Comparative Commentary - Mango St and Annie John Essay

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Comparative Essay: gender roles in
The House on Mango Street and Annie John

Question 3: To what extent do male and female literary characters accurately reflect the role of men and women in society?

In this essay I will analyse to what extent the characters in the novels The House on Mango Street (text A), by Sandra Cisneros, and Annie John (text B), by Jamaica Kincaid, reflect the role of men and women in society. These two novels criticise patriarchal societies, where “women are taught to think as men, identify with a male point of view and to accept as normal and legitimate a male system of values…” . In both of them, there are clear examples of chauvinism, which conditions the lives of Esperanza Cordero, a “Chicana” who lives
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An example of this is when the book’s protagonists says: “Not a man’s house […] A house all my own” .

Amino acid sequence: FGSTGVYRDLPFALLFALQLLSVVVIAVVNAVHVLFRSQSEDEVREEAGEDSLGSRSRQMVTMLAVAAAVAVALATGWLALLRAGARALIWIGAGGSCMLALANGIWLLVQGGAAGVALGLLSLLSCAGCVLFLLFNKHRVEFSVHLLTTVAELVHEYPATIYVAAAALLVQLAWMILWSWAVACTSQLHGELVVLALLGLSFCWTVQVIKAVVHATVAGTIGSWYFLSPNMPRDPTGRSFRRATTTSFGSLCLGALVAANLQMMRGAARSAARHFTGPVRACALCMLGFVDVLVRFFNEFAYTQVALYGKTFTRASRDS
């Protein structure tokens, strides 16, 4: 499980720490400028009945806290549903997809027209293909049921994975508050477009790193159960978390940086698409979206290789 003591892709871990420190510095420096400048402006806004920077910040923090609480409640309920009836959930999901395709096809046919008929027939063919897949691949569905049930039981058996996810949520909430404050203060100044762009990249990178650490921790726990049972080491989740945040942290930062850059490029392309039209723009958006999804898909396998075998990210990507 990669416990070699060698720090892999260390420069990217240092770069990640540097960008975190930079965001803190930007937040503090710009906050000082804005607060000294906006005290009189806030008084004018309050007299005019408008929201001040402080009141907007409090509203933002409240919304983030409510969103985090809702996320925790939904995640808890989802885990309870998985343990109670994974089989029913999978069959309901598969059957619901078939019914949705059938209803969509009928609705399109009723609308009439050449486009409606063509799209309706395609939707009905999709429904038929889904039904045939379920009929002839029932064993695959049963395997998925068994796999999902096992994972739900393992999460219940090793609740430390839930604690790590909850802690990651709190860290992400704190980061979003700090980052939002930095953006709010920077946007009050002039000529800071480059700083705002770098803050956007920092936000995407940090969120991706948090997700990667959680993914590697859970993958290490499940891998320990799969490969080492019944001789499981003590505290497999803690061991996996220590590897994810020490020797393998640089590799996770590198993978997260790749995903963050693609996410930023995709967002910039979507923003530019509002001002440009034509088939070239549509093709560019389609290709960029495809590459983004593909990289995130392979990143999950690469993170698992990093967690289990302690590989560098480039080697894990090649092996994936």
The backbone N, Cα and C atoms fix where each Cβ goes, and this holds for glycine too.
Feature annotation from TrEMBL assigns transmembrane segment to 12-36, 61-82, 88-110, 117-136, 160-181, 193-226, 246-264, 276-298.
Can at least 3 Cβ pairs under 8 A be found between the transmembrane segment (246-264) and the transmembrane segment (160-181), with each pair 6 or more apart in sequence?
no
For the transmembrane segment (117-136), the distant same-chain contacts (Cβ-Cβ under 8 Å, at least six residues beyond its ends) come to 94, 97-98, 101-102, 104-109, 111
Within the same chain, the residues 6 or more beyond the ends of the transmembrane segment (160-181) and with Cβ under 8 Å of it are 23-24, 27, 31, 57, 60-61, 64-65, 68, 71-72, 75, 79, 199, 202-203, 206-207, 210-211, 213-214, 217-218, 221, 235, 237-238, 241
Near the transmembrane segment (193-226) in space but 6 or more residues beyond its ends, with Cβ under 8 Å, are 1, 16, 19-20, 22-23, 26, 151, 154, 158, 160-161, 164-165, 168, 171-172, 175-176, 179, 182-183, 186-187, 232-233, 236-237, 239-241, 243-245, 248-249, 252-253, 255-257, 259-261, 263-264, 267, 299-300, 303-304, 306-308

Lastly, as regards the historical context, in both patriarchal cultures there is no equality in gender roles at work. While women have to stay at home doing the house work and babysitting, even if they do not like it, men are the ones in charge of supporting the family economically with their jobs. As a consequence, females are intended to live a monotonous life even if they are capable persons, and men have the chance to succeed in life. In both novels, there are clear illustrations that show this aspect of chauvinism. In text B, we can find Annie’s mother’s example, who is a very capable woman but has to work at home and be very obliging with her husband. In the same way, text A shows Alicia’s story.“Alicia, whose mama died, is sorry there is no one older to rise and make the lunchbox tortillas.” However, “Alicia, who inherited her mama’s rolling pin and sleepiness, is young and smart and studies for the first time at the university” . In this way, we can see that Alicia studies in order to change her life and escape from the role she (and other women) have in this patriarchal society. In this sense, she is different from other women, such as Marin, who wishes to marry a man who can give her a better future, instead of working to achieve it on her own. Like Alicia, both novels’ protagonists once again rebel against